For：we designed Claptrap's State as a residual ticket for the same seat on the same train at different departure points.Then, there is a very traditional question of："How to ensure the correctness of data in a distributed system".For this point, the author can not expand, because the author also can not say clearly, just hasty drop a conclusion："If Claptrap's State is less than the scope of the smallest competitive resources, the relationship between Claptrap will become difficult to deal with, there are risks."
Next, combine the theories described above.We threw out the design directly.
The State of the Claptrap contains a basic information.
|IList<int>||Stations||A list of the id of the Pathways Station, starting with the Origin Station, ending with the Terminal.Verification at the time of primary ticket purchase.|
|Dictionary<int, int>||StationDic||The index reverse dictionary that routes the station id.Stations are a list of index-ids, and the dictionary is the corresponding id-index dictionary, in order to speed up queries.|
|List<string>||RequestIds||Key properties.On each interval, the purchased ticket id.For example, an index of 0 represents a ticket id from station 0 to station 1.If it is empty, there is no subscription ticket.|
With the design of this data structure, two businesses can be implemented.
By passing in two station ids, you can find out if this belongs to this SeatGrain.And query all the interval segments corresponding to the start and end points.Just judge whether all segments in the RequestIds do not have a ticket ID.If not, it can be purchased.If there is already a ticket purchase ID on any section, the purchase is no longer possible.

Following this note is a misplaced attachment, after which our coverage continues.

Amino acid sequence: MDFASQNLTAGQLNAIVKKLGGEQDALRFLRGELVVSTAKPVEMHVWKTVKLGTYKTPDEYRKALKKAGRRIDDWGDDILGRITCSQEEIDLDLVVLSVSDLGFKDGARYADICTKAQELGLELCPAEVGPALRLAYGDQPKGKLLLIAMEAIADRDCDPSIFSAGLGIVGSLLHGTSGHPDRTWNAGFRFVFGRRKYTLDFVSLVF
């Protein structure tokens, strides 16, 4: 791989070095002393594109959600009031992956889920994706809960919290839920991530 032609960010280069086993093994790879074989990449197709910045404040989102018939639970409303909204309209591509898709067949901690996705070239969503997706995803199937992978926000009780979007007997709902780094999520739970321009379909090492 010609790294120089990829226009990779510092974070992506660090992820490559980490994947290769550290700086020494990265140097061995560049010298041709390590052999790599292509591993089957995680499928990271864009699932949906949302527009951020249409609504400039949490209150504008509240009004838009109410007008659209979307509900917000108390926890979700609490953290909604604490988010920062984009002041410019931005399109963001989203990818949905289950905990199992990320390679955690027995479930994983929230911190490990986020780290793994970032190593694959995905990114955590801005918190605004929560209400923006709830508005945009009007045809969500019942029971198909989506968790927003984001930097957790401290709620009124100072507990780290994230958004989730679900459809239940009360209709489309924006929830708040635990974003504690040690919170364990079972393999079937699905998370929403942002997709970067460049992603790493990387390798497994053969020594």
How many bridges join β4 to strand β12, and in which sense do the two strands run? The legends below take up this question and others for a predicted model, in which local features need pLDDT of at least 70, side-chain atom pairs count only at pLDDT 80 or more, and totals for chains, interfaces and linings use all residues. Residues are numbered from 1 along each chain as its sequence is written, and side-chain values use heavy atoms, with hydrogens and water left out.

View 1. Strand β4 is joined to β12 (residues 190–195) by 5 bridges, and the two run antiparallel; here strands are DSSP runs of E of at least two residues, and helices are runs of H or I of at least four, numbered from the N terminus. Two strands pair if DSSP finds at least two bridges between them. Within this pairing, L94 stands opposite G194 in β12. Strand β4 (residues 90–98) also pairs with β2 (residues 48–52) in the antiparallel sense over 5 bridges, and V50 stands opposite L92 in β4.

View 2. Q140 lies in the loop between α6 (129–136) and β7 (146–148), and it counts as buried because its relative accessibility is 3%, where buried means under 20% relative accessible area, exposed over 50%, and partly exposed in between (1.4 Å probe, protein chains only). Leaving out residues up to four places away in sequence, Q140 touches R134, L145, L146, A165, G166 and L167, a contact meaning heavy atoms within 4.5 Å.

For example, the current situation with Stations is 10, 11, 12, 13. RequestIds, on the other, are 0,1,0.
So, if you're buying a 10->12 ticket, that's not possible because the second range of RequestIds has already been purchased.
However, if you want to>10- 11 tickets, you can, because no one in the first range of RequestIds has yet to buy them.
Just place the starting and ending points on all the interval segment settings in RequestIds.
The following links allow you to view the code implementation of the above algorithm：
The Claptrap State contains some basic information
|IReadOnlyList<int>||Stations||A list of the id of the Pathways Station, starting with the Origin Station, ending with the Terminal.Verify while query.|
|IDictionary<StationTuple, int>||SeatCount||Key properties.The StationTuple represents a start to the end.The collection contains the rest of the ticket situation for all possible starting points.For example, according to the above, if the car passes through 34 locations, the dictionary contains 561 key-value pairs|
Based on the data structure above, you only need to synchronize the corresponding information to the Grain each time The SeatGrain completes placing the order.
For example, if a,c has a ticket purchase, the remaining tickets for a,c/a,b/b,c will be reduced by one.
This can be achieved with the Minion mechanism built into this framework.
It is worth mentioning that this is a bigger design than the "minimum competitive resource".Because the query scenario does not need to be absolutely fast in that business scenario.This design reduces the complexity of the system.
In this article, through business analysis, we have come up with a combination of train ticket residual management and Newbe.Claptrap.
We'll then focus on the design of this article, explaining how to develop, test, and deploy.
In fact, the project source code has been built, and readers can get the：
Special thankswangjunjx8868interface created with Blazor for this example.